Thursday, March 12, 2015
Guest Post: October Gale (2015)
Stop Me If You Think You've Heard This One Before; October Gale is a remake of 20 better films
By Jonas Schwartz
One wishes Patricia Clarkson gave a bored, lazy performance in October Gale. By all rights, she should be yawning, filing her nails, and rolling her eyes during every moment of this trite melodrama “thriller” while waiting for a large paycheck.
But the Oscar nominee gives a fully-invested performance, putting more thought into the character of Dr Helen Matthews than the script and pedestrian direction deserves, and probably for a very small paycheck based on the film’s overall low budget.
As a storm gathers on an isolated Canadian island, Dr. Matthews, still mourning the loss of her dear husband, finds a wounded young man at her doorstep. She takes the mysterious William (Scott Speedman) in, healing him but she suspects he could be a dangerous man. He won’t admit who shot him and why he’s fleeing. Is he a victim or a criminal? As the rain starts to fall, Helen discovers there’s more to fear from the outside and that no one is coming to save her.
If this sounds like the synopsis of a Touched By An Angel episode, it’s entirely possible. What it’s not is a compelling plot for 90-minutes. The story generates zero suspense. Even the characters seem to care little about the danger. When unknown assailants are about to take siege, Helen and William play an un-cinematic game of cribbage.
Being a gifted actress, Clarkson reads between the lines in the script and allows Helen’s agony to simmer throughout the film. In one moment, Helen falls in the lake The camera focuses on her as Clarkson luminously evokes a sense of peace. All the sadness could go away if she just stays underwater and drowns. Her thoughts can be read clearly. It’s a moment that deserves to be in a stronger film.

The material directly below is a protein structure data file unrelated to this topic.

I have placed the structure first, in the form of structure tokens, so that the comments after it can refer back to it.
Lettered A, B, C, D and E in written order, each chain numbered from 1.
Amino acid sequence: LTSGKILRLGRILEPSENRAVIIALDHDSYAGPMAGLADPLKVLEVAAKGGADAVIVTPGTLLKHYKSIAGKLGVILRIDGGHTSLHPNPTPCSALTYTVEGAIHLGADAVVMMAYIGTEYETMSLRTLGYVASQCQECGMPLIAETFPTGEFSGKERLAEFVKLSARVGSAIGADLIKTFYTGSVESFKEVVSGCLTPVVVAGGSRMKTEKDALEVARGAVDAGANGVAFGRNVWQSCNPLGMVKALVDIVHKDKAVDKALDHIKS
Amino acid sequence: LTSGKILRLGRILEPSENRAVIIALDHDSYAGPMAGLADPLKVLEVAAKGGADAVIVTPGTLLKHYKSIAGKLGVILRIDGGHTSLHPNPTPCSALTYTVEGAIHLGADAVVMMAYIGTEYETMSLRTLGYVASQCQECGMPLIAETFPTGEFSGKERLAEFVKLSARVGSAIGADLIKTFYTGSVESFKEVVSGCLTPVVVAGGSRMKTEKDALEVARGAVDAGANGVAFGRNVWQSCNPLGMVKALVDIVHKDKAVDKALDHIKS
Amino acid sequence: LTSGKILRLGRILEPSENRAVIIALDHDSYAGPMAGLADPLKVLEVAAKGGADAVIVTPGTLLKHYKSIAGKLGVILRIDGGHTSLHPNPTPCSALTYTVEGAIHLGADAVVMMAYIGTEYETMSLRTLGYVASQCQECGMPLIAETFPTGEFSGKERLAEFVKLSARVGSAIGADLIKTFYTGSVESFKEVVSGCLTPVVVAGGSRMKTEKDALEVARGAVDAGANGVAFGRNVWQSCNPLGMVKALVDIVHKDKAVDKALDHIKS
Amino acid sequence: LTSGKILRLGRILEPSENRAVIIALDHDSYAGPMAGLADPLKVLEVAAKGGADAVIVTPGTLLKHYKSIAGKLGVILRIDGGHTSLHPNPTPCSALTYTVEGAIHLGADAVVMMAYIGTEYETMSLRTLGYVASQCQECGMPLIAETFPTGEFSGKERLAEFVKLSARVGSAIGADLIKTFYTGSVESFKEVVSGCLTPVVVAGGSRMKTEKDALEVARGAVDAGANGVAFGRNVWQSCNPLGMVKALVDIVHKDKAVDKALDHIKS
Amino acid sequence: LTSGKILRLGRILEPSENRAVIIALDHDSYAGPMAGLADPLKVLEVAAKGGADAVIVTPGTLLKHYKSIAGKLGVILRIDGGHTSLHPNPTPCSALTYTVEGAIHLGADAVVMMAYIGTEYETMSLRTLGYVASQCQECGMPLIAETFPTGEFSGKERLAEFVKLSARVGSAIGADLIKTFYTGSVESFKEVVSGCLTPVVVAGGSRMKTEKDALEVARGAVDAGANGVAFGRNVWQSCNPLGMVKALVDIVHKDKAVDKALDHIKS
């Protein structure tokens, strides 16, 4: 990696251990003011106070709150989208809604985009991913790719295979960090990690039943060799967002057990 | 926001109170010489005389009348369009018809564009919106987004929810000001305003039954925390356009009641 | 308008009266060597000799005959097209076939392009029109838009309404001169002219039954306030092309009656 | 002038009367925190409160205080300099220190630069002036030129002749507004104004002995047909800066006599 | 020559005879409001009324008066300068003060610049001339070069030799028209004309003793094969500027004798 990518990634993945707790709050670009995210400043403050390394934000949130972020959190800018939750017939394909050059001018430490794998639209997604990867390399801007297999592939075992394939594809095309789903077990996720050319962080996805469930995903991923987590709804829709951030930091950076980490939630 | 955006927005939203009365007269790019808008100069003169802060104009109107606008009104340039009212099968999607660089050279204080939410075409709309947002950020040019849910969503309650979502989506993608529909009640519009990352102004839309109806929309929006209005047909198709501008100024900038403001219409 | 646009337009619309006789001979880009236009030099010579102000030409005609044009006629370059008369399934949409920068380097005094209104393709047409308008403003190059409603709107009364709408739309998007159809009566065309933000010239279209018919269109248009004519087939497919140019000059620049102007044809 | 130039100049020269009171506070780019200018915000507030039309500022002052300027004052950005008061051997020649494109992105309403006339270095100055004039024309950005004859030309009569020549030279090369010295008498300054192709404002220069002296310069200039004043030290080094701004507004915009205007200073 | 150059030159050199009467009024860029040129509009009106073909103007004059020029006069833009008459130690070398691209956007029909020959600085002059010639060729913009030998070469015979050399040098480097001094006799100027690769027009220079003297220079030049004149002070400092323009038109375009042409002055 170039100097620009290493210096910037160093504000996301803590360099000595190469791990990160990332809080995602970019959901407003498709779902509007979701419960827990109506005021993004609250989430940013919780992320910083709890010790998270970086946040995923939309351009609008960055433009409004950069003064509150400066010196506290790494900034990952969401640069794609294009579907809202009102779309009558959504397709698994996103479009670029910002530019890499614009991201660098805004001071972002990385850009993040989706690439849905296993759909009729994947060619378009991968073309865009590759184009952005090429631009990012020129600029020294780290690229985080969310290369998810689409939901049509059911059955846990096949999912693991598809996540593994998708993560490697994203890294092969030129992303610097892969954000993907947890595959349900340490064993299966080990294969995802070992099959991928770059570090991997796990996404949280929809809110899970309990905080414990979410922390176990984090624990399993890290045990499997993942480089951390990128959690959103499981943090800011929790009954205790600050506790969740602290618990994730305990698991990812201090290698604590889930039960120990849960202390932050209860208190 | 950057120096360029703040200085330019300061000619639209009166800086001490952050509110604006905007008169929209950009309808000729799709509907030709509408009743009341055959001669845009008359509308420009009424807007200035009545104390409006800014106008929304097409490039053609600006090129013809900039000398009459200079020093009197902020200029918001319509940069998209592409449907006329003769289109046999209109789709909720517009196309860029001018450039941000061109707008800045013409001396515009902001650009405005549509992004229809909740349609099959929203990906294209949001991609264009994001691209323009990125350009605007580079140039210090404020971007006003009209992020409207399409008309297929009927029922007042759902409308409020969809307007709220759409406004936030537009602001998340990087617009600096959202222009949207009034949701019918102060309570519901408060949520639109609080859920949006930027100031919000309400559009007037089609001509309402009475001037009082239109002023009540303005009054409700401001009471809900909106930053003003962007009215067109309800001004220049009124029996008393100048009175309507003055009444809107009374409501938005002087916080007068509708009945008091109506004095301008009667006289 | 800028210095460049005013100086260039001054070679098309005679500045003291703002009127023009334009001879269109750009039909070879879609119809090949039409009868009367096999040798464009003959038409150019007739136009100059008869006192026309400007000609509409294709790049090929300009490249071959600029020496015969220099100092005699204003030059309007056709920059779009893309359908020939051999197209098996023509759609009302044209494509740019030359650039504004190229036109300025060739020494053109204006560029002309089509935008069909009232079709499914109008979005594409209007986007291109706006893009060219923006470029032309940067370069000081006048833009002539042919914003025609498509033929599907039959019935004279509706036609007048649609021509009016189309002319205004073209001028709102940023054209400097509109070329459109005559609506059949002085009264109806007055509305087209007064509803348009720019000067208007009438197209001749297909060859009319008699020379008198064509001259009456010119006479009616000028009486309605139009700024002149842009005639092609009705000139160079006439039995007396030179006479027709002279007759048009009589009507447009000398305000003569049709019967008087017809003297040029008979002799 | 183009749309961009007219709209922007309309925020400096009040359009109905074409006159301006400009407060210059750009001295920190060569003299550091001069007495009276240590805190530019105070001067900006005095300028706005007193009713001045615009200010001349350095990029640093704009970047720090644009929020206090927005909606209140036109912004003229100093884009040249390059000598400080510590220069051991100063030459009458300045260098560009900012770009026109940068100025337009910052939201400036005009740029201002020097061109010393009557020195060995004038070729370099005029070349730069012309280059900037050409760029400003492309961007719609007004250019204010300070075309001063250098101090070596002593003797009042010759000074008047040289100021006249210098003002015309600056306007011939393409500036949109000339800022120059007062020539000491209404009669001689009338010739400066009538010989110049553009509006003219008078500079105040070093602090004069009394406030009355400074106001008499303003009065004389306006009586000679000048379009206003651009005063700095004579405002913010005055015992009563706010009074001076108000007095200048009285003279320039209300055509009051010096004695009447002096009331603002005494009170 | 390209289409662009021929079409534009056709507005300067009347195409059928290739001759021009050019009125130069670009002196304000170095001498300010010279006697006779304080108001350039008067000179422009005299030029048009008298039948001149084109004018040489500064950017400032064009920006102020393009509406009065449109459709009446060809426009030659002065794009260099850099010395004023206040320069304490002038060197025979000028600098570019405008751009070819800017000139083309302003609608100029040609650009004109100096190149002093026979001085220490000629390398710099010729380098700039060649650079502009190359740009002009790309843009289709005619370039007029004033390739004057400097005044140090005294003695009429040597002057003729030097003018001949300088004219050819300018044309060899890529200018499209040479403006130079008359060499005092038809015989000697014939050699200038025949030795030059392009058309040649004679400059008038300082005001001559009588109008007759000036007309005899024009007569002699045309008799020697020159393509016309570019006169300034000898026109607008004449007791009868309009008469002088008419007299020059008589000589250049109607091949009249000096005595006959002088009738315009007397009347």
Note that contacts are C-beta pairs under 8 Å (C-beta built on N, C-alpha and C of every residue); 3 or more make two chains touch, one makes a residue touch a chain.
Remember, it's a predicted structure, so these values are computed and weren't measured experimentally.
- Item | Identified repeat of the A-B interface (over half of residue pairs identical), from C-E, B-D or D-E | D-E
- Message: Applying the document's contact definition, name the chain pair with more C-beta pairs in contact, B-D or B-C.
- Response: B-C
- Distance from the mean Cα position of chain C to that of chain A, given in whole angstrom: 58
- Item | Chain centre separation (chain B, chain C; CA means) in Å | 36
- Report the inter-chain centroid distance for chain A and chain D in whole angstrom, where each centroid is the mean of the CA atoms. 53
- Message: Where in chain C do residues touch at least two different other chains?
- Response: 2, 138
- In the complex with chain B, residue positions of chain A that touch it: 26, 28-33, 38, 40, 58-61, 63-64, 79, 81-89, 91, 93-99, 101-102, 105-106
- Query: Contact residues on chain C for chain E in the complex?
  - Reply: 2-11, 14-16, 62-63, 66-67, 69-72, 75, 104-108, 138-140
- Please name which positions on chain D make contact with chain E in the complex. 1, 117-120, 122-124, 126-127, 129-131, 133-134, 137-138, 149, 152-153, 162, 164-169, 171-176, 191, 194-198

Tim Roth, another dramatic dynamo, arrives late in the tale. He too refuses to phone in a performance, even though his character is given no shadings, no real heft.
Writer-Director Ruba Nadda does capture some fine visual compositions, including a shot in which Speedman and Clarkson are framed in a window as they await their assailants. The camera pulls back until a downpour overwhelms the screen, symbolizing the chaos entering their lives. There is a sense of space in the photography: The lake house encased by a blustery day, dark clouds looming and rustling trees, the calmness of the Georgian Bay getting choppier and choppier.
The dreamy soundtrack by Mischa Chillak is haunting with emotional songs by alternative pop artist Agnes Obel.
Nadda had the pieces in place for an interesting film, strong actors, dazzling photography, and a lingering score.
Without an intriguing storyline though, all that talent has been wasted.
Jonas Schwartz is a voting member of the Los Angeles Drama Critics, and the West Coast Critic for TheaterMania. Check out his “Jonas at the Movies” reviews at Maryland Nightlife.